So what does it take to switch?
- A unique offering that cannot be provided by your current camera manufacturer. If I was a Sony user and I wanted to go medium format, I’d have to change systems. if I was a Fujifilm user and a 400mm f/2.8 was critical to the way I worked, I’d need to change systems.
- Dissatisfaction with the service offering of a local distributor – As an example, lets say you take your Canon gear to Canon because the back has fallen off the camera. They won’t replace it because they say there is water damage, and you know there isn’t? That is where you become unhappy about the local distributor or importer, and you move on.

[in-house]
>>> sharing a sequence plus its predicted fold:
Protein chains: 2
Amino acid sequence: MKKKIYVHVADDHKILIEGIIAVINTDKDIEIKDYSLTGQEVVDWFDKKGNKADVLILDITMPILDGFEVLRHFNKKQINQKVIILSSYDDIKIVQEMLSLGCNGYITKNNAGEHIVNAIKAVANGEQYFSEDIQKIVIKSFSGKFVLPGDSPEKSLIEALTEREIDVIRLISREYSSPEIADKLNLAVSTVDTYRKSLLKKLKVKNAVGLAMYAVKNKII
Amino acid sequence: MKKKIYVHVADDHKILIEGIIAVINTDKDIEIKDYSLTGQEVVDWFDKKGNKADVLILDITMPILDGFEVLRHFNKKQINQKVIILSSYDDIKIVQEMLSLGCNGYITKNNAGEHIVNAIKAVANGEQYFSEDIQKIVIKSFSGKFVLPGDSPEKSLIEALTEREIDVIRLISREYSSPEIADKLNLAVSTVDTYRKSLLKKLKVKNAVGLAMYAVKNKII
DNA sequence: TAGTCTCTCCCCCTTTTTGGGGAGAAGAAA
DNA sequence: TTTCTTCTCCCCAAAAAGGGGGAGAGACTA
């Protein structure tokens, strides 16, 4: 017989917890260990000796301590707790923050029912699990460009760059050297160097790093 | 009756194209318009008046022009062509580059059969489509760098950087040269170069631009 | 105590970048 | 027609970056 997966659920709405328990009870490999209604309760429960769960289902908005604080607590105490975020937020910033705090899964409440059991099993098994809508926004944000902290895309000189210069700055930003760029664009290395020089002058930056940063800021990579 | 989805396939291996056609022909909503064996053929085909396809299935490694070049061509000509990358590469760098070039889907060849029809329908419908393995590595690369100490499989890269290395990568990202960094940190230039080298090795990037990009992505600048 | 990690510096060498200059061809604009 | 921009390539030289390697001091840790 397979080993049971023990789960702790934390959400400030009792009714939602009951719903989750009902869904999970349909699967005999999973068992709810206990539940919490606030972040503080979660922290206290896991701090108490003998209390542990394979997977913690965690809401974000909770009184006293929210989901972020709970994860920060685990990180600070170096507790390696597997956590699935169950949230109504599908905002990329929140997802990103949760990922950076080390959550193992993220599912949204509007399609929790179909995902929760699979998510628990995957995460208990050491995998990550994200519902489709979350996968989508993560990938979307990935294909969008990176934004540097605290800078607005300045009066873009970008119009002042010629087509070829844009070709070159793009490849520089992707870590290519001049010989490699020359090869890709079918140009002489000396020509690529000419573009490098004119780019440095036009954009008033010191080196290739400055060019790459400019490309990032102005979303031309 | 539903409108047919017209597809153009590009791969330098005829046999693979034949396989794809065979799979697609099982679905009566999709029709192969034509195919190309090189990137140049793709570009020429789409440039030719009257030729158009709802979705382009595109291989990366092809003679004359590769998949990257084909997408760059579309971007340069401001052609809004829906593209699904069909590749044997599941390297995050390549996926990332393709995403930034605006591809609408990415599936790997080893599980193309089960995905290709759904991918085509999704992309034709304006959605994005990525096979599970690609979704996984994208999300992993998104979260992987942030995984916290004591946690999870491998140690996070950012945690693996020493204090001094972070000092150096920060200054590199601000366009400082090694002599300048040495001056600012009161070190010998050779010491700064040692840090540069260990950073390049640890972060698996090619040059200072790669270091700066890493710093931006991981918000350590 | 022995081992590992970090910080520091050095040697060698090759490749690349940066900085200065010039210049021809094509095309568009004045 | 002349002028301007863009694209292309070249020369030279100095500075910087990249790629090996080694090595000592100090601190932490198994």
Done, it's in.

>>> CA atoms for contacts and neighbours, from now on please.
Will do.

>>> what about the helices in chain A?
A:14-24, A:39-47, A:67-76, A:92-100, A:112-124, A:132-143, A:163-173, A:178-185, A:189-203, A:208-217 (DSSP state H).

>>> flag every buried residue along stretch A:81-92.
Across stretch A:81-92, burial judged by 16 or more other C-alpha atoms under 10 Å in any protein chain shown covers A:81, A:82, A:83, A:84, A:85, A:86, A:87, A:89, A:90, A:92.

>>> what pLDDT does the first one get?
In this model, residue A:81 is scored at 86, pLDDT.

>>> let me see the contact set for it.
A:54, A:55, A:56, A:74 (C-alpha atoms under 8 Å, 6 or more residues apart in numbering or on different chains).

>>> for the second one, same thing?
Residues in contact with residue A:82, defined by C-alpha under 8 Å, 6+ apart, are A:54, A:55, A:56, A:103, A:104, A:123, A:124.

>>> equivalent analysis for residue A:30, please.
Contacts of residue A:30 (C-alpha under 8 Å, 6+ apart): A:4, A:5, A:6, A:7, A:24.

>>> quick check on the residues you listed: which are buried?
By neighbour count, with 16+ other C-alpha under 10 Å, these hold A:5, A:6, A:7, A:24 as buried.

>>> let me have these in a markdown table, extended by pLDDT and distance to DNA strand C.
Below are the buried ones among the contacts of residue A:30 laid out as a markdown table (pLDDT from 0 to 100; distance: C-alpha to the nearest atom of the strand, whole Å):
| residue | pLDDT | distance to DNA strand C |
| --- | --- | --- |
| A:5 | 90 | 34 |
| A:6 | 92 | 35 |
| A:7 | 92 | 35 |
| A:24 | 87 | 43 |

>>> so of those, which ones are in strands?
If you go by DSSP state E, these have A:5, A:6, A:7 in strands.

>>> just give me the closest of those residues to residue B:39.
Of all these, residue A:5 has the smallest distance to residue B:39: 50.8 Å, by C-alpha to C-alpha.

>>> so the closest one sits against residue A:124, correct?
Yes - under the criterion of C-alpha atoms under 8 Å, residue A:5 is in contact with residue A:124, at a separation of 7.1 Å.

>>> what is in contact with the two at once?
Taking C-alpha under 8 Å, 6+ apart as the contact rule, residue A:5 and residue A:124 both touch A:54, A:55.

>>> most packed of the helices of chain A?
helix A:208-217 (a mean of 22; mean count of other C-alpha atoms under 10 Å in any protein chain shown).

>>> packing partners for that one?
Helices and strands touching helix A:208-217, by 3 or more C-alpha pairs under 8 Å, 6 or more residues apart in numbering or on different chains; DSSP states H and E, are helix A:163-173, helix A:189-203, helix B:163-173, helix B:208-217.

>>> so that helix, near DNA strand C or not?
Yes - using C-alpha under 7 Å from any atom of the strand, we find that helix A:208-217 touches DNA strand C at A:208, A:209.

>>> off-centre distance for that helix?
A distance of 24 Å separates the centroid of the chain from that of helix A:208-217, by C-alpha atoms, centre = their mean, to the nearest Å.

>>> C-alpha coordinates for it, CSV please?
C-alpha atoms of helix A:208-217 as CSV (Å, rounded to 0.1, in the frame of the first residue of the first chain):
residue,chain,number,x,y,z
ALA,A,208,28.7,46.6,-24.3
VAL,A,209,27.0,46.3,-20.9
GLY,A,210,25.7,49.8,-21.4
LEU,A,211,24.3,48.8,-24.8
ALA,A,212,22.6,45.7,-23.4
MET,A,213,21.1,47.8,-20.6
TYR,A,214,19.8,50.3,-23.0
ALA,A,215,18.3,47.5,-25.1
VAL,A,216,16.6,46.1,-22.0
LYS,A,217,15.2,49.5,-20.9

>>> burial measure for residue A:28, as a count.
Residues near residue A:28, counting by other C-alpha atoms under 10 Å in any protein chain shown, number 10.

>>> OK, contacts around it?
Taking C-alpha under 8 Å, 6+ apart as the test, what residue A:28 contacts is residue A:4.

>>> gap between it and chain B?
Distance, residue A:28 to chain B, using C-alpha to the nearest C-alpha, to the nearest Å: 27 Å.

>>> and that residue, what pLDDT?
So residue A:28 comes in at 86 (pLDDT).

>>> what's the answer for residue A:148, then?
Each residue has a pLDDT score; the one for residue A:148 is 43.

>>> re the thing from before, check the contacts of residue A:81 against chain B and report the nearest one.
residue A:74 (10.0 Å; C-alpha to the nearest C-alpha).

- Quality of gear – Lets say you’ve bought 7 Nikon’s and all of them have broken in some similar way – That’s where you lose confidence in a manufacturer and may decide to switch. Sometimes this is bad luck, sometimes it’s a particular brand that isn’t suited to conditions. Some people complain about weather sealing on the Sony’s, not an issue for me, but if I was walking through jungles in the pouring rain, it might be.
How could I have been happy with Fujifilm and now say Sony is better?
No matter what you are doing, there will always be something that is better. There will be better cars, better houses, better cameras, better cars. The question you need to ask yourself “When is it good enough for what I need?”. If you’re taking photos of your own families birthday parties, buying a Nikon D5 and a 105 f/1.4 is a massive overkill. If you’re doing billboards, medium format might be the go, the point is “better” depends on multiple things, including price, functionality and genre.